Sunday, February 28, 2016

New western pint flask surfaces

When someone says "western whiskey" many of us automatically think of San Francisco. While it's true that the bulk of the earlier bottles dating pre-1900 originated in, and are embossed, San Francisco (or S.F.), Los Angeles had it's share of saloons and liquor dealers as well.

For whatever reason though, the So. Cal. dealers generally preferred paper labels, as opposed to embossed private mold flasks. Why? Cost was probably the most important factor. Why go to the expense of having a private mold cut when, for a couple of bucks, you could have hundreds of fancy colored labels printed which you could slap on a flask that you could purchase for next to nothing from the used bottle and rag man?

Another factor is the apparently transient nature of Los Angeles saloons. From the research I've done on the minimal number of "new" embossed flasks that have popped up over the past few years, the life expectancy of a post turn of the century So. Cal. saloon was a scant few years at best. By the time that LA really hits it's stride, in the teens, the temperance movement was in full stride and the Volstead Act was already looming on the horizon. If one was to make a go of it in the saloon trade, they best figure on getting in and getting out in a hurry, while the getting was good.

Last week another new example popped up. I'd never heard of it, let alone seen or owned one, and was anxious to track down the history of it.

It is amber, one pint in capacity, with a tooled top which accommodated a cork sleeved glass stopper. It is embossed in a large circular slug plate;


It took a while to run down Mr. Zuckerman, but when all the pieces were put together, the portrait of an interesting individual emerged. Here's what I found;

Henry Lew Zuckerman was born in Hungary in 1885 and came to the United States in 1900 at the age of 15, first to Brooklyn where he worked as a market clerk (for $4 a month), cigar maker and tailor, and then to Iowa, South Dakota and, in 1907, to Los Angeles. His first job here was as a tailor on Hill Street near the site of the present Biltmore Hotel and then as a cleaner and presser again on Hill Street. A laundry wagon driver named Ben Weingart, who went on to become the multimillionaire financier and philanthropist who founded the city of Lakewood, encouraged Zuckerman to take in laundry as well and the two partners prospered. He went variously by either Henry L. or H. Lew - Zuckerman.

He was married to Sadie (also born 1885) in 1909, prior to the listing for his first saloon. His first saloon was located at the Southwest corner of 1ST & L.A. Streets in Los Angeles. 

His first born, Ted, made his appearance on Feb. 4, 1910. Next came son #2, Marvin, in 1917. H. L. Zuckerman died at 102 years of age in 1987. Sadie preceded him in death, at age 98, in 1983.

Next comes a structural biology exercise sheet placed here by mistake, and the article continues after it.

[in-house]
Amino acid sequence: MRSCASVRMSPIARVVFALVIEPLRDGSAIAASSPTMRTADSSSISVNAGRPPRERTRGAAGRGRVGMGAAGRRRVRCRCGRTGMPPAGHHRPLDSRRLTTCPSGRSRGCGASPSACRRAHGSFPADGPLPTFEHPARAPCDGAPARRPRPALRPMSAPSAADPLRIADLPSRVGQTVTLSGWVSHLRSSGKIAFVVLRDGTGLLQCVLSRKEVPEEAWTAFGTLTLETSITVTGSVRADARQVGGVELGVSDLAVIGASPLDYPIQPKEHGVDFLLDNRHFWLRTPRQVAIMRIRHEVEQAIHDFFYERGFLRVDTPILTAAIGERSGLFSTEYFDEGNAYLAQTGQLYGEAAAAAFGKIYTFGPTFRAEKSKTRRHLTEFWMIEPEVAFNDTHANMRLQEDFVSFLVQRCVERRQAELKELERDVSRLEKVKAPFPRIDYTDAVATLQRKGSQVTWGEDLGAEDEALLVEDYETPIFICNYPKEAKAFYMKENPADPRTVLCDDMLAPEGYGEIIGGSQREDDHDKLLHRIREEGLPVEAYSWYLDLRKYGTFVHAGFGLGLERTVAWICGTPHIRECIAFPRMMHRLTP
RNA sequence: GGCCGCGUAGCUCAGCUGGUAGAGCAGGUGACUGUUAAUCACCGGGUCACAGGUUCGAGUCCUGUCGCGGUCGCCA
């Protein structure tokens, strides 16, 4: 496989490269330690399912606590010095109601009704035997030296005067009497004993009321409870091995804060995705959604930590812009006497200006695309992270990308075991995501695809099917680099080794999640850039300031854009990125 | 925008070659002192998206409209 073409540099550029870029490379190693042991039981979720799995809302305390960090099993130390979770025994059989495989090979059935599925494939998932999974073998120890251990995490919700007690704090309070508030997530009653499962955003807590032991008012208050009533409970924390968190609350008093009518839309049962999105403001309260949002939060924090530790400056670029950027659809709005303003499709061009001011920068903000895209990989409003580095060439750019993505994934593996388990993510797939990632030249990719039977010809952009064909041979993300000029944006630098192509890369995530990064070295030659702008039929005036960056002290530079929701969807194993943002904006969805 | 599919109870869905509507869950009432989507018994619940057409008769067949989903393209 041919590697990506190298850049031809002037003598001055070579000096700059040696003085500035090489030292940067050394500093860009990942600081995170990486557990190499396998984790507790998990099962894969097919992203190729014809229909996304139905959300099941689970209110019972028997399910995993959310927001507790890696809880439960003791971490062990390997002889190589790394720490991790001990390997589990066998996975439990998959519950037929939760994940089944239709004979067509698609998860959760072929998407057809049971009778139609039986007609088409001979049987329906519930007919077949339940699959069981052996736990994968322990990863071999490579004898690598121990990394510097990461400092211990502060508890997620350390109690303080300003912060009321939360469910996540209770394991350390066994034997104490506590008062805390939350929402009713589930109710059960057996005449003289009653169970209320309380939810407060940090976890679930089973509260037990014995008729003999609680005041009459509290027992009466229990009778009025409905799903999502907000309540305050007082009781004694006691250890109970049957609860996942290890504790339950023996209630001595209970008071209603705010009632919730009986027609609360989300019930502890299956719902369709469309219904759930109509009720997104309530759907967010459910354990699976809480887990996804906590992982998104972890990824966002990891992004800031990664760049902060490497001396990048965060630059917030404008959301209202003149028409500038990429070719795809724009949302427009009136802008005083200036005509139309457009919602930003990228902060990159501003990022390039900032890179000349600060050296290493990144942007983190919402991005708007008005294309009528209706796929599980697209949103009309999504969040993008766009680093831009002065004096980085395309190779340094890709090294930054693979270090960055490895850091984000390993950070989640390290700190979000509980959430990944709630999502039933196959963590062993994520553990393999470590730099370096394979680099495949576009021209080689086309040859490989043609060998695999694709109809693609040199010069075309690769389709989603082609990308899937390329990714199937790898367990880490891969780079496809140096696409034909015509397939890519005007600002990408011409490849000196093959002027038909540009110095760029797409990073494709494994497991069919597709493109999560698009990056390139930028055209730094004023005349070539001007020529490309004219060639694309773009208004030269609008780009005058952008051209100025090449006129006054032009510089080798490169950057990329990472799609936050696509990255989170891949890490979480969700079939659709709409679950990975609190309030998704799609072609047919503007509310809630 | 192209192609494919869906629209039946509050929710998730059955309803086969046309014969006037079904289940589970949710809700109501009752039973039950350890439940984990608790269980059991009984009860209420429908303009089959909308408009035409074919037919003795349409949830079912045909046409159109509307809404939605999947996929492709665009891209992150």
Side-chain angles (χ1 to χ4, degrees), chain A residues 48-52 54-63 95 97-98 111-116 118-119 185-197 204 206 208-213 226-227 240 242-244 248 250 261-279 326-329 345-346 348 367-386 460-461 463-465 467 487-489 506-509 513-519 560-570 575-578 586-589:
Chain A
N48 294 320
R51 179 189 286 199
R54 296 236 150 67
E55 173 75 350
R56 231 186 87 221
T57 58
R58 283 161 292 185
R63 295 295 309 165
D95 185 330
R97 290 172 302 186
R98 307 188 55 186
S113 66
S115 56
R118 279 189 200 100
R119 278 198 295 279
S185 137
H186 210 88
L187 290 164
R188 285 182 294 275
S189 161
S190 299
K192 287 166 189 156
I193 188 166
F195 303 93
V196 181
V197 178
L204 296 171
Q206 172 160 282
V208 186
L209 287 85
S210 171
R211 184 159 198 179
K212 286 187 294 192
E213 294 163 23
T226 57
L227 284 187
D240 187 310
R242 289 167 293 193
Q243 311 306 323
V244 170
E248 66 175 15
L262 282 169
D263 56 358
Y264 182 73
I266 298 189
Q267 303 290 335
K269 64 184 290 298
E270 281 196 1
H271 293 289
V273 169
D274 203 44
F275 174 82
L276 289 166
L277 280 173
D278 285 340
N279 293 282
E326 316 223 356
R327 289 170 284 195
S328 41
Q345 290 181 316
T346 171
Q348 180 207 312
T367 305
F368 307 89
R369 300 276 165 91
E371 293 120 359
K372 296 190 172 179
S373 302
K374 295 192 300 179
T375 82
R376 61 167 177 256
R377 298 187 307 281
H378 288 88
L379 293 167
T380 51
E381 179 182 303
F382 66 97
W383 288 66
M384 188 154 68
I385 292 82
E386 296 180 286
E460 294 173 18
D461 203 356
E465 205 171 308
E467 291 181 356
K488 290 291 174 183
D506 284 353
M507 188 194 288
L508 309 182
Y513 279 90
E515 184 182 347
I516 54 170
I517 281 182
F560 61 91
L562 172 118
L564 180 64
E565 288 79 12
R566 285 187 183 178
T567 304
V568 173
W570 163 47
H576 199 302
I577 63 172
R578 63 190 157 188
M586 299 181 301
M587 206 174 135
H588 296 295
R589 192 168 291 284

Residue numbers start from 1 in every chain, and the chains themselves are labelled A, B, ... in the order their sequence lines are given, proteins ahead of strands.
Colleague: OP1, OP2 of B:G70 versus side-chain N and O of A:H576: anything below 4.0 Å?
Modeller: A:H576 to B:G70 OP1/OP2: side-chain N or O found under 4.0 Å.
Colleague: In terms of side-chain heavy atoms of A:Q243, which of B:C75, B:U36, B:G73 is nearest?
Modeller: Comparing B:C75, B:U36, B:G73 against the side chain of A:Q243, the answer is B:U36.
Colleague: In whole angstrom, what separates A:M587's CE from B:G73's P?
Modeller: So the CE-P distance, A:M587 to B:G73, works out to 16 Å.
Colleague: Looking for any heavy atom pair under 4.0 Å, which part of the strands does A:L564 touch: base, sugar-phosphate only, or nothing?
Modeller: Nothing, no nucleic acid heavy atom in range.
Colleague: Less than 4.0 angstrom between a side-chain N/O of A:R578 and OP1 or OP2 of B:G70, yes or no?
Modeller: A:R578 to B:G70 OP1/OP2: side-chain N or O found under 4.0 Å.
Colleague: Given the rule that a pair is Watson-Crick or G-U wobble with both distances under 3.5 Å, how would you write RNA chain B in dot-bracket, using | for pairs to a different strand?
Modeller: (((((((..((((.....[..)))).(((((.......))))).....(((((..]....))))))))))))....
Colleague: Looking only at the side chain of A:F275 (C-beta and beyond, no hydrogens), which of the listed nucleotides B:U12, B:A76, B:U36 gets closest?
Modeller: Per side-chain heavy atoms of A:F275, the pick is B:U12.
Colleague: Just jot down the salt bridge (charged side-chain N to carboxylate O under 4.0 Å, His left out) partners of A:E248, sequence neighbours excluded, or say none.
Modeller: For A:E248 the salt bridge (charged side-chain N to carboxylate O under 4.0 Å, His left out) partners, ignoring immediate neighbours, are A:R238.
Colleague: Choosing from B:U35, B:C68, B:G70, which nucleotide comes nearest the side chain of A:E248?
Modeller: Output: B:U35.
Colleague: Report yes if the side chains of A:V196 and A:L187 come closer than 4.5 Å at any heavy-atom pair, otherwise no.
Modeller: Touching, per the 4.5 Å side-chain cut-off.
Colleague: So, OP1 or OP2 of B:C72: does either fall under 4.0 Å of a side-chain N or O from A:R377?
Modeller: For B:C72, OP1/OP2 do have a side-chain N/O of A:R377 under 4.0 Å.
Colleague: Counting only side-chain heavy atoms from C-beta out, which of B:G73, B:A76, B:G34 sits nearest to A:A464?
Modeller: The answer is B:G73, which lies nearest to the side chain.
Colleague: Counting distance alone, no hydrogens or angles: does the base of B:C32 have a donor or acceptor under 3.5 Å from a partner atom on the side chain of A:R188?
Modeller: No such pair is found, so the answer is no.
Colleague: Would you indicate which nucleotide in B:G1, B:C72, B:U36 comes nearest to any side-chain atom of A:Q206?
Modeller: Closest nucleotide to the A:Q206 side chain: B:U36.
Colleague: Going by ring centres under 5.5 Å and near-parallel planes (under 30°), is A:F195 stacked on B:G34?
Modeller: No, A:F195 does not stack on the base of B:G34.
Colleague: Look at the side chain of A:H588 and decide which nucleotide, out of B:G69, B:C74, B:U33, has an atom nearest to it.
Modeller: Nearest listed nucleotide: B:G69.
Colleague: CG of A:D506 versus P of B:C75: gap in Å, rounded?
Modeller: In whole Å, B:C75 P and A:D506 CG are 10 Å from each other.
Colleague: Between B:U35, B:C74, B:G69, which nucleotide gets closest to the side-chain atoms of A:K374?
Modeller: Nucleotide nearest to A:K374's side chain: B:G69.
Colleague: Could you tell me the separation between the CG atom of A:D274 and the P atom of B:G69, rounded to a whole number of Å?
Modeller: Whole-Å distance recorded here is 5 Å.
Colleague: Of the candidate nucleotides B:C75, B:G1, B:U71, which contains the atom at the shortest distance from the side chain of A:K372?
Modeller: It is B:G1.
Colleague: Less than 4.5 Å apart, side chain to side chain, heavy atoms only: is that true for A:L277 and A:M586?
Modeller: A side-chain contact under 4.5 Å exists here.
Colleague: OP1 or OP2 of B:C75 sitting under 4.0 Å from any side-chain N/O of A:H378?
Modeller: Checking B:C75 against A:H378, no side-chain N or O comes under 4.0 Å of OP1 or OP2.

Zuckerman established the 136 E. 1st St. address in 1913; which is the first year that the saloon appeared in any city directory.
The initial listing for the saloon in the 1913 directory read simply;

The 1914 directory showed the same business address, and added a notation to his home address.

Why the difference in terminology (saloon vs. bar) embossed on the flask? Probably because "bar" sounded more modern in the up and coming, cosmopolitan burg of Los Angeles~

By 1915 the home address had changed;

The saloons location had remained fixed at 136 E. 1st St. from the 1913 through the 1915 directories. 

Imagine my surprise though, when I opened the page to the 1916 listing in the business section. Yep, same guy, but now located at 705 S Central~

See comparative locations of the two saloons.

The locations were roughly a mile, and many blocks, apart. Why the move? The 7th St. & Central location appears to be teens in construction style, and looks to be in a seedy part of town now.

The location is now a market shown on the far right in the above photo.

The second photo shows the intersection of 7th & Central.

The 1st St. and Los Angeles location looks to be urban renewal.

I found additional info in the general (white pages) 1916 city directory listing. Note the same residence address.

Continued searches showed that the Central Ave. address remained open only until 1916 and disappeared before the 1917 directory was published.

A thorough search of newspapers revealed nothing in the way of advertising. My guess is that he jumped in with both feet and much fanfare, only to realize that eeking out a living as a barkeep / saloon owner wasn't all it was cracked up to be and decided to cut his losses while he could with Prohibition looming on the horizon.

I have no idea for the reasons behind the move though. Lower overhead? Perhaps a fire?

As mentioned, this example is believed to be unique; ( I can't help but wonder, though, if there isn't another flask out there, somewhere, with the S. Central address embossed on it~) 


Those interested in learning a bit more about H. L. Zuckerman can click on the following link. Although there are some slight inaccuracies present, based on the facts contained in the LA directories, it helps to fill in the blanks on his accomplishments during a 100  plus year lifespan. He was a fascinating individual.

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